In addition, broccoli may have significant effects at preventing cataracts and other degenerative diseases of the eye. That is because broccoli contains such powerful phytochemical vitamins in the carotenoid family as lutein and zeaxanthin. Both of these phytochemicals are present in high concentrations in the lens of the eye.
In a recent study those who consumed broccoli every day were found to have a lower incidence of cataracts and other eye diseases than those who did not consume broccoli on a regular basis.
Broccoli is also a strong source of calcium, and it is therefore important to keeping the bones healthy and preventing osteoporosis.
As a matter of fact, other than milk and other dairy products, broccoli is one of the very richest sources of calcium on the market. And broccoli provides all these bone healthy benefits without the excess calories found in milk, ice cream and other dairy products.
Broccoli may have important abilities at preventing ulcers as well, since broccoli has been shown to be effective against the helicobacter pylori bacterium thought to be responsible for most peptic ulcers.
In addition to these other important benefits, the compounds in broccoli are thought to be effective at boosting the immune system.
The many vitamins and minerals contained in broccoli can have a strong effect on the immune system, therefore helping to prevent many common diseases and aging related ailments.
Broccoli is also a rich source of folic acid, a vitamin that is crucial to preventing many of the most common birth defects. Therefore, women of childbearing age are strongly advised to eat plenty of broccoli.
The folic acid in broccoli and other foods helps to protect the fetus from common birth defects, but the time to get that folic acid is before you get pregnant. By the time a woman knows she is pregnant, the harmful effects of insufficient folic acid may have already occurred.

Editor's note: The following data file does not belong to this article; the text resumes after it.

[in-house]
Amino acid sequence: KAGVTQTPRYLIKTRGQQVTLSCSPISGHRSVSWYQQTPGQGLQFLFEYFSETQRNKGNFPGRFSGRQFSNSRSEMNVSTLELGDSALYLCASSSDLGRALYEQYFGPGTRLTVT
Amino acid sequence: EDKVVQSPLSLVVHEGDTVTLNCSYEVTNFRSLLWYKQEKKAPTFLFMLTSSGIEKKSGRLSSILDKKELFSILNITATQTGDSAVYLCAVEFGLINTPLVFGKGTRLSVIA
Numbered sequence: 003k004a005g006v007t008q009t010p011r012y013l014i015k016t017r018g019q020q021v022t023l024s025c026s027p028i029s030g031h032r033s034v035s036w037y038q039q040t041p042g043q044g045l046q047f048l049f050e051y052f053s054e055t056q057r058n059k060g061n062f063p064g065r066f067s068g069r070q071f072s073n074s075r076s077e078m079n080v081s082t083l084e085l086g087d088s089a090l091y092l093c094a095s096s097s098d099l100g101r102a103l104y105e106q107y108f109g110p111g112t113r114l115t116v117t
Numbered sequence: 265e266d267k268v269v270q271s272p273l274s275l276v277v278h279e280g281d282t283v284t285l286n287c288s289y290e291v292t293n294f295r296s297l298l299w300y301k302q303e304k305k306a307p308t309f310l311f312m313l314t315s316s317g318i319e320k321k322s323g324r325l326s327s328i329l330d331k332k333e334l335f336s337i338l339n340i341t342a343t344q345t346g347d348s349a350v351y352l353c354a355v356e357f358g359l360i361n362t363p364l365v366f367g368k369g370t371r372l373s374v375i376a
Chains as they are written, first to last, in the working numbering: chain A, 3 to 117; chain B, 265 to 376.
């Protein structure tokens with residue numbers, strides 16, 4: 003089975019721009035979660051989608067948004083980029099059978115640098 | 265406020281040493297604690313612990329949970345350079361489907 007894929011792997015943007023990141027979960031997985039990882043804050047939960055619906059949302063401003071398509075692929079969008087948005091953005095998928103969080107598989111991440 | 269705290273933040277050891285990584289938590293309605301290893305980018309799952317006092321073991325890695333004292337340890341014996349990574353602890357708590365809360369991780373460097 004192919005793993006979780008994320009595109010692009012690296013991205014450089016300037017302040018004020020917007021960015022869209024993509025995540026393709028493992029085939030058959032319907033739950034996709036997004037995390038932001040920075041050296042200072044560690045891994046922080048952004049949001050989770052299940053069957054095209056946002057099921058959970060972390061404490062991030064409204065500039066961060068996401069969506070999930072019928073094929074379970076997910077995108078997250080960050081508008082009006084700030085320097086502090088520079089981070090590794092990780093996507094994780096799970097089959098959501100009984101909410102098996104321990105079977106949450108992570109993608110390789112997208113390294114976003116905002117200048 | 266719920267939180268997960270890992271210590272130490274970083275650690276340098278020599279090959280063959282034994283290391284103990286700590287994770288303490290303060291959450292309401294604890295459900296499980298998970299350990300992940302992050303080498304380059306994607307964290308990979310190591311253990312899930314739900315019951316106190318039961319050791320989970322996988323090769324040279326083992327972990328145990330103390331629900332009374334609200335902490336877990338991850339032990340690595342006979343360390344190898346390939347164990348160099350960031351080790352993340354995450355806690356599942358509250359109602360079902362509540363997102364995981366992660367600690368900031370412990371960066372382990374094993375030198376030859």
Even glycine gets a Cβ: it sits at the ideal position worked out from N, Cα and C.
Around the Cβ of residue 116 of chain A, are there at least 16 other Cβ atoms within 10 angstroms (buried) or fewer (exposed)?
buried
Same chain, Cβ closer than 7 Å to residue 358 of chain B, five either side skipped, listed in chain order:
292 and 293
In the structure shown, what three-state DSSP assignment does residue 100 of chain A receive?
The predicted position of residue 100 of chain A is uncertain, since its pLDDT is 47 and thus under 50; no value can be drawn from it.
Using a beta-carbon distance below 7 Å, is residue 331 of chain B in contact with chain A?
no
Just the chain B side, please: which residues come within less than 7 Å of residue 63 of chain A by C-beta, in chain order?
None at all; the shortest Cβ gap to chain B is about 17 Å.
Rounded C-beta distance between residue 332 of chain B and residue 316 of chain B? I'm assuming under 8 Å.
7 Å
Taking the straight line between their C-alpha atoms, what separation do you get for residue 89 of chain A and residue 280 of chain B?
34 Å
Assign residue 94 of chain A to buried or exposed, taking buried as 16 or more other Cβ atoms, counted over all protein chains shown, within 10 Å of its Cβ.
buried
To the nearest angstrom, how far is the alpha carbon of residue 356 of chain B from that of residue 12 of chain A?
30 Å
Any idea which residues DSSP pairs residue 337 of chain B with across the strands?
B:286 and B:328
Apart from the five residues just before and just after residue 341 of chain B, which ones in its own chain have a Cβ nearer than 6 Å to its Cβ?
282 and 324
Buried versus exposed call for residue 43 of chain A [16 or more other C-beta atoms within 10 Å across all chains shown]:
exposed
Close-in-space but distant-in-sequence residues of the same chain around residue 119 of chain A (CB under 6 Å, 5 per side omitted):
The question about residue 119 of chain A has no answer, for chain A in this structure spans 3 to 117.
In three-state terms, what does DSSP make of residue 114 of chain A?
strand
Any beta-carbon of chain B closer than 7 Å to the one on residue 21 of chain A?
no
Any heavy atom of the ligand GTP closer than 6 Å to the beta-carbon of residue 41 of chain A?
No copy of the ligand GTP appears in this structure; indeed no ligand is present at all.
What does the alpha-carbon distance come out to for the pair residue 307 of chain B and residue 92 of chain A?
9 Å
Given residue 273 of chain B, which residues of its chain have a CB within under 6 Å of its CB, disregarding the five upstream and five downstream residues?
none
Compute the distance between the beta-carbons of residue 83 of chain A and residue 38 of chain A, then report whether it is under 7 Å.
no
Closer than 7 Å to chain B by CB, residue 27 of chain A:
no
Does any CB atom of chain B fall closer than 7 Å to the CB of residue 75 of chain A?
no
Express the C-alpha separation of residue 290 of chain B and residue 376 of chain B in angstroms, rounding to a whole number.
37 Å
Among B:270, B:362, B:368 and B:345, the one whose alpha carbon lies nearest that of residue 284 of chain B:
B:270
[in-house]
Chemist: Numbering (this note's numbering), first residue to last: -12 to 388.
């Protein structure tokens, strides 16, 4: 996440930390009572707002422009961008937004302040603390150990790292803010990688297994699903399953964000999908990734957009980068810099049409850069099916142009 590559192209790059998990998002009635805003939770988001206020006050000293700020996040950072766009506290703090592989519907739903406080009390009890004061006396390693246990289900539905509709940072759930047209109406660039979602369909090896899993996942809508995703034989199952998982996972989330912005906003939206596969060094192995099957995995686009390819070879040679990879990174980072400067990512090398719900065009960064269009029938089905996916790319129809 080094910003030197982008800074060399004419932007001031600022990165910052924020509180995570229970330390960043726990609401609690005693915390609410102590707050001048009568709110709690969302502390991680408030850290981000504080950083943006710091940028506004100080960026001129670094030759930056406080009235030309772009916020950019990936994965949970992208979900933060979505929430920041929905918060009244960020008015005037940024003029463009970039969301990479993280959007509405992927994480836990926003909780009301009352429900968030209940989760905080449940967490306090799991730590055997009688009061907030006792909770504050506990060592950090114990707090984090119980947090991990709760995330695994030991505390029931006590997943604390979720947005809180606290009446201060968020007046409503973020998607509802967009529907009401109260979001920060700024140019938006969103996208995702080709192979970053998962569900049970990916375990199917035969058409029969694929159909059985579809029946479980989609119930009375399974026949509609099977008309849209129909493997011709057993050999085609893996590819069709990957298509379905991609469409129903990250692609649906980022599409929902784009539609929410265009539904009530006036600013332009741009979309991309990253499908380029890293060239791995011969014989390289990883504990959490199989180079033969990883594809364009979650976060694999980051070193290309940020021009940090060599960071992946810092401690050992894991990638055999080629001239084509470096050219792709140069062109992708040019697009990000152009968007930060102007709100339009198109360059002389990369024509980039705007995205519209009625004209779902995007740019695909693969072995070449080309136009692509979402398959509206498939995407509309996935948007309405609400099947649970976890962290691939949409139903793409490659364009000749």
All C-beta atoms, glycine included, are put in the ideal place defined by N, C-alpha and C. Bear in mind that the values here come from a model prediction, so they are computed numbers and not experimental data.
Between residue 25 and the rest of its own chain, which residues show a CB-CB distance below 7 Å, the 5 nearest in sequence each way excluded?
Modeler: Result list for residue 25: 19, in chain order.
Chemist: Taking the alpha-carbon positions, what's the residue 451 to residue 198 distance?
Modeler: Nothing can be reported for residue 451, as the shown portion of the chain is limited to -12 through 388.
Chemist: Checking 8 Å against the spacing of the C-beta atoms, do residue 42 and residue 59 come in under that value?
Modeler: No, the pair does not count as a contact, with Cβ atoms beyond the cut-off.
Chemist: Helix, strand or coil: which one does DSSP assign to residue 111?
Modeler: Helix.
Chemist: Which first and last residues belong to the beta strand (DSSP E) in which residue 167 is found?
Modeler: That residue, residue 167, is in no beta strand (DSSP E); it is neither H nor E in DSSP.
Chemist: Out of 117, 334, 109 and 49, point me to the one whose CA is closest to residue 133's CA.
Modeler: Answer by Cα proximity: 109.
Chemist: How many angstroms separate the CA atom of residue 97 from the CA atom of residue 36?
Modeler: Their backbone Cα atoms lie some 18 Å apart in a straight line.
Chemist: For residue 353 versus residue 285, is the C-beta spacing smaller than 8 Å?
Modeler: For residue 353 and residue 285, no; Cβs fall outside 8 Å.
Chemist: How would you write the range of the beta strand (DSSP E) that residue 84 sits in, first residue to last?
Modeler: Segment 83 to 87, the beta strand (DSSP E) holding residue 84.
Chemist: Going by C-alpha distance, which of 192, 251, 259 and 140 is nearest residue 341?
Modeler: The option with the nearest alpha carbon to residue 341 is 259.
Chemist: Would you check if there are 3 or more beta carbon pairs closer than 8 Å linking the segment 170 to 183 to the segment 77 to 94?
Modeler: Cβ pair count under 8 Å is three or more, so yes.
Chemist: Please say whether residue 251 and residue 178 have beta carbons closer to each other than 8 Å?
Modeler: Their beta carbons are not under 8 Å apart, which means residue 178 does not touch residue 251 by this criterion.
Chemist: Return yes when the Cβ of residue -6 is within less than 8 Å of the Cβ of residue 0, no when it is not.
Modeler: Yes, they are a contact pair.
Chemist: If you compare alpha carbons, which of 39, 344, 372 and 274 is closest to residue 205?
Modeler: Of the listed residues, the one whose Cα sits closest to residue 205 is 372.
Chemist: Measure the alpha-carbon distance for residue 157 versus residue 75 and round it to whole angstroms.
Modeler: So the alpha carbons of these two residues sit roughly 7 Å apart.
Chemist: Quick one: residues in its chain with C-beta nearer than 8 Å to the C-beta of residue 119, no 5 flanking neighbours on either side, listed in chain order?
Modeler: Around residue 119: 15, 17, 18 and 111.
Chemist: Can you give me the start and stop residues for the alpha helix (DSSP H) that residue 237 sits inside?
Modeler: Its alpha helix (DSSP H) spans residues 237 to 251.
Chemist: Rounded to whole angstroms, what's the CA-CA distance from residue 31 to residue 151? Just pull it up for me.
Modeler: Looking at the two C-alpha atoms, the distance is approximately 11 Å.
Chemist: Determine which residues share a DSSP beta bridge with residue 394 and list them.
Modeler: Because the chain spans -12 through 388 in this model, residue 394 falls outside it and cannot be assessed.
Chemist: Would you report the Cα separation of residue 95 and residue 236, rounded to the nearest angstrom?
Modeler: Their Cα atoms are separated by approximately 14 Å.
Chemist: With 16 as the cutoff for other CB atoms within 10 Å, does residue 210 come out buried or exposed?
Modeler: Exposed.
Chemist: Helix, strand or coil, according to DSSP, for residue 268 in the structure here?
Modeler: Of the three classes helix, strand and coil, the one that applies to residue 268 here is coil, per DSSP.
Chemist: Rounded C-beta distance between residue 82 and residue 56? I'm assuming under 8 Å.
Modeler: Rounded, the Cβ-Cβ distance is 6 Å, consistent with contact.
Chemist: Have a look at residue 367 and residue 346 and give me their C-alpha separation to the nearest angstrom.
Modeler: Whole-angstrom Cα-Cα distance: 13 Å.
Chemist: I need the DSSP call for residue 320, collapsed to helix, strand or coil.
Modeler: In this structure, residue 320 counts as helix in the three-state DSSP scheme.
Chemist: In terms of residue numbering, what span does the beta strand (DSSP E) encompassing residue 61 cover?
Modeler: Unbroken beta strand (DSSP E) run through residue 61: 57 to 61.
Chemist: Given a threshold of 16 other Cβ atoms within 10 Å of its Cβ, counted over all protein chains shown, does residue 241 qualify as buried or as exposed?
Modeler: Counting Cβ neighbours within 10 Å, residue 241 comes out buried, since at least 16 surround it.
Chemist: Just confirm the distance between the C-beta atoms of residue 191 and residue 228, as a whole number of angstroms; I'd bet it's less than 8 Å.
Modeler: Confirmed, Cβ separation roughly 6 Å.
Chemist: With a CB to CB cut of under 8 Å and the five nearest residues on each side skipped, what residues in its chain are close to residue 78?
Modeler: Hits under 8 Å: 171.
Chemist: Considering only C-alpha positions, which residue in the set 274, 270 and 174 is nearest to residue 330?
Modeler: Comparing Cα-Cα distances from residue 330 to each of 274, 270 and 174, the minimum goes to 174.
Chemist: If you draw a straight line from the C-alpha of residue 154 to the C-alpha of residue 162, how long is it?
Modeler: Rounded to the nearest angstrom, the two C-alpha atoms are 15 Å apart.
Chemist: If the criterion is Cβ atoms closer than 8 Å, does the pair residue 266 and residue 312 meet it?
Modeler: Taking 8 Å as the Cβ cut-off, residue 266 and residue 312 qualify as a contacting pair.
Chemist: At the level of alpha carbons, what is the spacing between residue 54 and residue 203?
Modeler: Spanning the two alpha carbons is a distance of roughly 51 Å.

When choosing broccoli it is important to select those heads with the richest, darkest color, as this broccoli will have both the best flavor and the best nutrient value. It is also important to choose broccoli heads whose floret clusters are of compact size and which are not bruised.
The stems and stalks of the broccoli should be firm but tender, and no slimy spots should be evident, either on the stems or the florets. Any leaves attached to the broccoli head should have a vibrant color and not be wilted.
Fresh broccoli is quite perishable, and it is important to use it as quickly as possible after purchase. Broccoli should be stored in the crisper drawer of the refrigerator, and it will keep this way for up to four days.
Broccoli should not be washed prior to storage, since excess water will reduce its shelf life.
Broccoli that has been blanched can be frozen and will stay good for up to a year. Any cooked broccoli should be placed into a tightly covered dish or container and stored in the refrigerator. Leftover cooked broccoli will only keep for a day or two in the refrigerator so it is important to use it up as quickly as possible.
Originally posted 2019-06-20 20:05:57.
I do believe all of the concepts you’ve introduced for your post. They’re really convincing and will certainly work. Still, the posts are very short for novices. May just you please extend them a bit from next time? Thanks for the post.
Hi Hairstyles, we will try our best to provide more details in future posts (but try to keep them at “biteable chunks”). Thanks for your feedback!
I think other web-site proprietors should take this website as an model, very clean and wonderful user friendly style and design, let alone the content. You’re an expert in this topic!
We only try our best to help the readers learn new things. Thanks for the feedback!
bookmarked!!, I like your site! I already enrolled in the provided FREE course, and will be entering the full course soon. Thanks for the inspiration, Fatty Liver Guide!
Yes, when I touched 50, I needed a lot of antioxidants in my life. Thanks for the post.
Yes, indeed Shane. All the best